5 Best End-of-Summer Reads

Sure, August is wrapping up, but that doesn’t mean you need to put the beach reads back on the shelf. Enjoy the last days of summer with these lively reads!

Whether you’re trekking to the beach or kicking back on your couch, glass of iced tea beside you, the fact remains that you love to read. If you’re the type who always has a book or e-reader with you, you’ll love our list of the best end-of-summer reads. Only a few short weeks of August remain–get started on these books to end your summer on a great literary note!

Save the Date by Mary Kay Andrews

This novel’s defining factors are romance, weddings, and hilarity! Main character Cara Kryzik is the owner of Bloom, a floral shop in Savannah, Georgia. Cara is jaded when it comes to matters of the heart–pretty ironic, given that engaged couples come to her shop for flowers all the time. Cara is also a dog owner, and her pup’s escapades cause her to meet Jack Finnerty, who claims Cara’s dog is his. Will the curmudgeonly Cara find love? You’ll have to read to find out.

Mary Kay Andrews’ novel will have you laughing out loud, so be careful if you’re planning to read this book somewhere where hushed voices are a must. This is one book you’ll have a hard time putting down.

Save the Date is a natural end-of-summer choice. For one thing, it’s hilarious–it will lighten the gloom that can set in as summer rolls to a close. For another, its whimsical plot will whisk readers away from the routines of their everyday lives. Who said a little escapism is a bad thing?

The Vacationers by Emma Straub

Emma Straub’s The Vacationers offers a great cerebral challenge to readers looking for meatier fare. Multiple subplots and tension underlie this gripping narrative.

This novel is about a family with secrets. The Posts travel to Mallorca with their family and friends to celebrate their 35th wedding anniversary. While everyone is in Mallorca, the couple begins to reveal secrets that have never before been revealed, which causes several characters to question themselves and their past deeds.

As a reader, you’ll delve into the characters’ actions and motivations as they face painful memories, and you’ll learn from the Posts as they begin to rebuild themselves and each other, according to Straub’s website. Goodreads calls The Vacationers an “irresistible” book.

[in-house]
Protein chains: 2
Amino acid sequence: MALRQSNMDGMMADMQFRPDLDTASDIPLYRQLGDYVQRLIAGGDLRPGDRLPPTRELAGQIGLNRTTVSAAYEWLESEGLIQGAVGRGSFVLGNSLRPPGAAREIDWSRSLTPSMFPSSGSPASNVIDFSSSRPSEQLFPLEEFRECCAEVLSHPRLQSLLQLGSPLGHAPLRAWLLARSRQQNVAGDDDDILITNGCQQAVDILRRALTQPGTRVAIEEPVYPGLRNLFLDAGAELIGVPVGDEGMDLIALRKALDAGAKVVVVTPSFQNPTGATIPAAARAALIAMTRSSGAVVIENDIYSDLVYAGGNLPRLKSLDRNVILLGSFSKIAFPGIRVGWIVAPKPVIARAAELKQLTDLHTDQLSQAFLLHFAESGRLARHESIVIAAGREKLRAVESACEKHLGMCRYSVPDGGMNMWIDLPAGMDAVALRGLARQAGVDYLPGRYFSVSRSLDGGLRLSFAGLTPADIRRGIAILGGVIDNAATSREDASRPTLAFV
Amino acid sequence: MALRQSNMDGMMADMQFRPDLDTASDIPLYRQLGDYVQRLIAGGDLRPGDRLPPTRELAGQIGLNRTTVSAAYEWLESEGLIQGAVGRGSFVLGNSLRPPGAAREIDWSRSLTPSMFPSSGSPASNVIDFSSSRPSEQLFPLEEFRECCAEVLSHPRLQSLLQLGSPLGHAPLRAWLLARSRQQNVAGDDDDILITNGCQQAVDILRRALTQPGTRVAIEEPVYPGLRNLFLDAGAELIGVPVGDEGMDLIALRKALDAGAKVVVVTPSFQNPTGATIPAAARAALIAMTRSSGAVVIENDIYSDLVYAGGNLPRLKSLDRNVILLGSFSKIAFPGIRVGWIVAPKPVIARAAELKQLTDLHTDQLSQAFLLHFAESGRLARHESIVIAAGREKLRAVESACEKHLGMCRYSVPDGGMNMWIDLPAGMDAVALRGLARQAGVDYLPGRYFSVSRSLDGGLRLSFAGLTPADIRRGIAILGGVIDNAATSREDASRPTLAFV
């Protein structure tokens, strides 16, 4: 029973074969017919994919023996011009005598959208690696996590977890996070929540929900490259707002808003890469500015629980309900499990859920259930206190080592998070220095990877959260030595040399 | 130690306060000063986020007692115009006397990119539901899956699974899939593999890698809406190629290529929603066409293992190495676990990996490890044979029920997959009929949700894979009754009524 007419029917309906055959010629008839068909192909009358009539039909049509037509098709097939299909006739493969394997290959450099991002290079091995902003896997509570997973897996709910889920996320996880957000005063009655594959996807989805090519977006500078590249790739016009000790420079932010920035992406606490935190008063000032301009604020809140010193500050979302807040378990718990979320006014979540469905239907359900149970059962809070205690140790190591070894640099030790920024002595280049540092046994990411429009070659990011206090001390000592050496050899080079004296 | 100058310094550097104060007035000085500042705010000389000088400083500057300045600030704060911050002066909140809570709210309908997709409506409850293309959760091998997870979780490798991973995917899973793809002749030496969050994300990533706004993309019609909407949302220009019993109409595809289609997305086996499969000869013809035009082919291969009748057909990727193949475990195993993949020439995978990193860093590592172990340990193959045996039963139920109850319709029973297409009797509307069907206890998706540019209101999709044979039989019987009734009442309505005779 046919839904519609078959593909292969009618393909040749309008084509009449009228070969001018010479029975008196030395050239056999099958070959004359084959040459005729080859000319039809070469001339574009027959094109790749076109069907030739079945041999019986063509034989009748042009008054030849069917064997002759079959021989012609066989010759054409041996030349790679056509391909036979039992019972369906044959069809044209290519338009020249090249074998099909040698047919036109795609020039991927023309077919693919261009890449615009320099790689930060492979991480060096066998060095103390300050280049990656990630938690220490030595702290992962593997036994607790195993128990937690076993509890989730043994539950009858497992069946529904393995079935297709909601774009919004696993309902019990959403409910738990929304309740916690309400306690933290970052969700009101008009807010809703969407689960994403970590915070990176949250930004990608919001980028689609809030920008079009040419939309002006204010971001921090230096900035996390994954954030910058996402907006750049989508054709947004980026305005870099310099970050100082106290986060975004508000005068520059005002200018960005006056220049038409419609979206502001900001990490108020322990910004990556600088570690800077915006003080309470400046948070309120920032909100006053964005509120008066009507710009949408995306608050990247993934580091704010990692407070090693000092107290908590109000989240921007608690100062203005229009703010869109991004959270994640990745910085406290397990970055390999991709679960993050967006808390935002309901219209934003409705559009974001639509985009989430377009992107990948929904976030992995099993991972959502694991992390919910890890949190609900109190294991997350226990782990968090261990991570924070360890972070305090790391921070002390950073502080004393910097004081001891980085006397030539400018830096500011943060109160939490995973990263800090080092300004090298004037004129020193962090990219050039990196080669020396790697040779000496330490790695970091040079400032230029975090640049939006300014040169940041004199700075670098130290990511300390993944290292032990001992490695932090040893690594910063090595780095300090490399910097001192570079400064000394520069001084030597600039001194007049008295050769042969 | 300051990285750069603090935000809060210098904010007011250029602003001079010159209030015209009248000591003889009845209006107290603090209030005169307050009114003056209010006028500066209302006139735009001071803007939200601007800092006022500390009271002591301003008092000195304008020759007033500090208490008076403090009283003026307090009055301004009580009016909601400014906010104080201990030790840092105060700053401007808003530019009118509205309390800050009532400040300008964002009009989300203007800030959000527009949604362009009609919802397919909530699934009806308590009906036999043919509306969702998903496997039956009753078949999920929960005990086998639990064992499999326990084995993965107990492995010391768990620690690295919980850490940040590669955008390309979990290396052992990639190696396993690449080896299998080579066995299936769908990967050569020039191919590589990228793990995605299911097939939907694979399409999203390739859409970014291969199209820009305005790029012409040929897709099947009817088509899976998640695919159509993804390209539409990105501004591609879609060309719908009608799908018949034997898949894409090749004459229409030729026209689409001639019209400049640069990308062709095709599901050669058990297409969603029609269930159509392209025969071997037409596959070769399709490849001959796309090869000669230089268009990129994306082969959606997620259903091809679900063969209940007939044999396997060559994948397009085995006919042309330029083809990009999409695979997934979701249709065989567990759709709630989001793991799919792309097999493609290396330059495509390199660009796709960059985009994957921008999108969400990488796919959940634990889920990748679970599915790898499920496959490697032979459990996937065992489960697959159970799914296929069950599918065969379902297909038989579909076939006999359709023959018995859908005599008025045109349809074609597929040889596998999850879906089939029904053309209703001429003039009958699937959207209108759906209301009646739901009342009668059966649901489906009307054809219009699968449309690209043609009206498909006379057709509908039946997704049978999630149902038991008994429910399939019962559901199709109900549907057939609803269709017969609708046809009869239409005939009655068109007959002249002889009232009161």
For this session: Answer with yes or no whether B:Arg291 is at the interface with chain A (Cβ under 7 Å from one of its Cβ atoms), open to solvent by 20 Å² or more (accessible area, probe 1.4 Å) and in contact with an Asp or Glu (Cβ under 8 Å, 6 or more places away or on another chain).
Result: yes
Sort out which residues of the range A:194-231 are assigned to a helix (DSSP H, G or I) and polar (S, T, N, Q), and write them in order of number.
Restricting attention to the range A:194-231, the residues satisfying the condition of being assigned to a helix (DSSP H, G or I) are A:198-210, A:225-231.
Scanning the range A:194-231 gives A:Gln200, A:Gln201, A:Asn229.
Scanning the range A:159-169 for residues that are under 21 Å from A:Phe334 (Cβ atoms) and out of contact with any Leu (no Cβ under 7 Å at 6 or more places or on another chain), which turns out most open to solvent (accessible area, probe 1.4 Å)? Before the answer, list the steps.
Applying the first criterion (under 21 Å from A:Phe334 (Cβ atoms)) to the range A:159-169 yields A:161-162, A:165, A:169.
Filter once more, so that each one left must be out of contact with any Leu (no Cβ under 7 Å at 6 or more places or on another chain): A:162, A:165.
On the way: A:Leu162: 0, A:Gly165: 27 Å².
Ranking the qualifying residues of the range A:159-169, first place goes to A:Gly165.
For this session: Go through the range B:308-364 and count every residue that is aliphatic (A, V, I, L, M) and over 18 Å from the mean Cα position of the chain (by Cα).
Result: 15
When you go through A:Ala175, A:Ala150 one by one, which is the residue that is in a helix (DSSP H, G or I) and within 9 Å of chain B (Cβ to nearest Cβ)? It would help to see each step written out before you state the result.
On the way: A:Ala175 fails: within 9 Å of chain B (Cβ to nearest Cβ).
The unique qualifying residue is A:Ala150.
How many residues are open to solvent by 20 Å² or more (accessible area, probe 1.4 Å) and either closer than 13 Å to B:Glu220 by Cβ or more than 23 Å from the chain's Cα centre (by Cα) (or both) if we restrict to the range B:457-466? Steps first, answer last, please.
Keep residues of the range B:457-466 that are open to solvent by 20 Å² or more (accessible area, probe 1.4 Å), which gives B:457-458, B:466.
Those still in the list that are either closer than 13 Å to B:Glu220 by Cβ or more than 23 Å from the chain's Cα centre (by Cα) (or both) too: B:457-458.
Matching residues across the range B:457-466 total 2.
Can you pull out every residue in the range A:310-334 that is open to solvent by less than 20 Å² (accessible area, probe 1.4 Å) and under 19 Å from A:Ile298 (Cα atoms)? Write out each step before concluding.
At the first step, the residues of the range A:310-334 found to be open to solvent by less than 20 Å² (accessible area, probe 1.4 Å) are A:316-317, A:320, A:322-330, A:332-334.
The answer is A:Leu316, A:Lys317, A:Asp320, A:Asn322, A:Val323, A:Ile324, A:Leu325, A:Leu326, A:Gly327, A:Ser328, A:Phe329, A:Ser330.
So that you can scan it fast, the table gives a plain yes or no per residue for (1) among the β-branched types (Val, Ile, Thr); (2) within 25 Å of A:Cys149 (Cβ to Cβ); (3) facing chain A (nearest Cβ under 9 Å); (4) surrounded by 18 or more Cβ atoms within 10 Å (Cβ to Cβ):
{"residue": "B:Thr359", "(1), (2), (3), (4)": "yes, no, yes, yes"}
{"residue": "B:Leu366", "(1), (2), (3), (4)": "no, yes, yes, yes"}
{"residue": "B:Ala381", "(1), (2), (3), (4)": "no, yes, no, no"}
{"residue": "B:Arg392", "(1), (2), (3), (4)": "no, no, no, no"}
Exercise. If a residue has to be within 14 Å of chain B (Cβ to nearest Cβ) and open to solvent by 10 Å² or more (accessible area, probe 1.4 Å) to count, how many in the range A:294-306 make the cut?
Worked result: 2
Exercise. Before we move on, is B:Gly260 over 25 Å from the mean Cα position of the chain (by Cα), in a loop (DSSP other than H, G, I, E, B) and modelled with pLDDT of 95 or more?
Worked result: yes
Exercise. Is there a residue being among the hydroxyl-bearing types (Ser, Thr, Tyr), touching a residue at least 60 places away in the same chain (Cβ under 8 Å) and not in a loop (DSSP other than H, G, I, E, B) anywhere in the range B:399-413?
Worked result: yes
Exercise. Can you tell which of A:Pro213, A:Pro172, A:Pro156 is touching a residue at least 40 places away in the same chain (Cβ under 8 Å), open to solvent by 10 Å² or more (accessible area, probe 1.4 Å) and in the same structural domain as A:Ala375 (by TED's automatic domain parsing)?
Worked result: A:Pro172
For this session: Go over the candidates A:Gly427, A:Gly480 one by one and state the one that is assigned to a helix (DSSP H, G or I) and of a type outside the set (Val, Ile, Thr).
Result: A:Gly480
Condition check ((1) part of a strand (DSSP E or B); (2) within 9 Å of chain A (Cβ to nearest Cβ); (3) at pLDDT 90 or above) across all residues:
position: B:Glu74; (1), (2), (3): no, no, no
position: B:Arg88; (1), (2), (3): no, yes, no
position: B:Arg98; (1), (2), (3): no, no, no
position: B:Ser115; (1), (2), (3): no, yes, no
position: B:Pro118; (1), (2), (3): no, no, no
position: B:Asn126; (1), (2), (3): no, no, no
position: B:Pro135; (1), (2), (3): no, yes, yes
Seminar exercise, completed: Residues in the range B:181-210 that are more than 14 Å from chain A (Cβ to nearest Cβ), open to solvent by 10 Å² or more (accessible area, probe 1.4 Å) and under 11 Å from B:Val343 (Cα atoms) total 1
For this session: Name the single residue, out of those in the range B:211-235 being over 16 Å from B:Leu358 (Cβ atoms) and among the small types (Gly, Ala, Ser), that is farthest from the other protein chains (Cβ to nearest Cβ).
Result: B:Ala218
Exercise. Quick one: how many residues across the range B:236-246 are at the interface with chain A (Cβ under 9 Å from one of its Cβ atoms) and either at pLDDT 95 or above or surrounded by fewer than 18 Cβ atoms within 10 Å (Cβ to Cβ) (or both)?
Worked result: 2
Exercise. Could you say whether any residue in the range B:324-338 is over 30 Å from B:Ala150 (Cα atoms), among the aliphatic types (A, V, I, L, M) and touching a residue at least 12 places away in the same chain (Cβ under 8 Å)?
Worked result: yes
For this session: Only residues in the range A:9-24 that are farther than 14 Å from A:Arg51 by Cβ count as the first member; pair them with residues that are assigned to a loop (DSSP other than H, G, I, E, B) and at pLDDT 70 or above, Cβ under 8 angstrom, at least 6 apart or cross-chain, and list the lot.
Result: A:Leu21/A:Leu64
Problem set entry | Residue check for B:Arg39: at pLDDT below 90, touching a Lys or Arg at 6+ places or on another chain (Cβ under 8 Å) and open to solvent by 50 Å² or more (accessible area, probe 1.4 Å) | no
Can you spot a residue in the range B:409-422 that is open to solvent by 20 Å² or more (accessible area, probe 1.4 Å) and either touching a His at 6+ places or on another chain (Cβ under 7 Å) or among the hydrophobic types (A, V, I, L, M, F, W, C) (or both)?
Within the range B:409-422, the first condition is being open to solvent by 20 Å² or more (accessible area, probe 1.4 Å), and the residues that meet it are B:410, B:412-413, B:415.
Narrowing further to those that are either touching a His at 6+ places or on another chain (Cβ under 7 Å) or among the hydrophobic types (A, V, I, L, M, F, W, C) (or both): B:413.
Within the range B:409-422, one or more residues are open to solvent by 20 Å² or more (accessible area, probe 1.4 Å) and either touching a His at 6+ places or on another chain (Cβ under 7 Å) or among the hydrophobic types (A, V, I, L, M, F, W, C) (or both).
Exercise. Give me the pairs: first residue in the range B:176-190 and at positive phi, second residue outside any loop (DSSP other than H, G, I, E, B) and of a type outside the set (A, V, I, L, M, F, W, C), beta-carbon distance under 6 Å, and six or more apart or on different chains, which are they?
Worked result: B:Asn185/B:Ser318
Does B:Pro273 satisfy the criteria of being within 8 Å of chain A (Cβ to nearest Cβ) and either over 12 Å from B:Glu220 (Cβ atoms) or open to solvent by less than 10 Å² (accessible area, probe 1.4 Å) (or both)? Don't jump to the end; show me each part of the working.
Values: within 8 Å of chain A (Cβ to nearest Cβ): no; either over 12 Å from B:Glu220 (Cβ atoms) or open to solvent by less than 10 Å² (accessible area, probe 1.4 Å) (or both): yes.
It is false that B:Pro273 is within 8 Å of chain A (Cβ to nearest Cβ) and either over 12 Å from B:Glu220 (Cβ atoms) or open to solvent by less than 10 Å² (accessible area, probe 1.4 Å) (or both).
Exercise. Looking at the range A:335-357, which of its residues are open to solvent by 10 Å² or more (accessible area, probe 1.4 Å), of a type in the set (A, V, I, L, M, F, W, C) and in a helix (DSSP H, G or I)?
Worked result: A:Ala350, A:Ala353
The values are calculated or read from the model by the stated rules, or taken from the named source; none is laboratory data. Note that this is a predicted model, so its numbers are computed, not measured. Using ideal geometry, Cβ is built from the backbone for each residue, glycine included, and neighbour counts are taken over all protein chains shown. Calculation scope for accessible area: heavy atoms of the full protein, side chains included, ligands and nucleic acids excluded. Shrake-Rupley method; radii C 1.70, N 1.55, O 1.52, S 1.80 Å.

Unlike other summer reading fare, this novel challenges readers to face themselves and those they have hurt or who have hurt them. Though this is an arguably heavy topic, the book is enjoyable because it encourages personal growth. What’s more, readers get a view of fictional characters who seem so real they seem as though they might step off the page! To add some thoughtfulness to your late summer, pick up a copy of this must-read book.

Confessions of a Shopaholic by Sophie Kinsella

Shopping-focused readers will be able to relate to main character Rebecca Bloomwood, who is an author and an incurable shopaholic. Rebecca nimbly justifies her shopping addiction by using it as a substitute for an actual relationship with a man. Eventually, Rebecca is jolted out of her financial problems when she is assigned a story that touches her heart–and changes her life.

Goodreads calls Rebecca an irresistible heroine with one weakness–you guessed it, her shopping addiction. This book is a must-read for people who want a fun escape from the heat and doldrums of the summer. Readers can step into Rebecca’s life and, when they come back out, breathe a sigh of relief that her life isn’t theirs!

Fourth of July Creek by Smith Henderson

The fact that this is a debut novel sets it apart from other recommended summer reading fare; its somber plot also differentiates it from other choices on this list. In this novel, Henderson spins the tale of Montana social worker Pete Snow. Snow begins to work with an 11-year-old boy, the son of a paranoid survivalist named Jeremiah. Jeremiah is convinced that the end times are near, and as Snow works with the boy, he realizes that his own family life is falling apart.

Henderson is a Montana native who “writes what he knows.” Readers looking for a book that celebrates America’s love of individualism and freedom will especially enjoy reading Fourth of July Creek.

The New York Times’ review of this book compares Henderson’s work to The Orchard Keeper. Henderson uses dark prose to great effect.

Wine in My Sippy Cup by Deborah Dove

This fun chick-lit choice gives readers a look into the life of a young mother trying to do right by her children and career, all the while trying to spice up her marraige. Wine in my Sippy Cup speaks to mothers who feel overwhelmed by the intricacies of daily life. For this reason, it appeals to a diverse group of readers and lends levity to frustrating situations.

Before the sun sets on summer 2014, pick up copies of these books–you’ll be glad you did!

Image courtesy of Pedro Ribeiro Simoes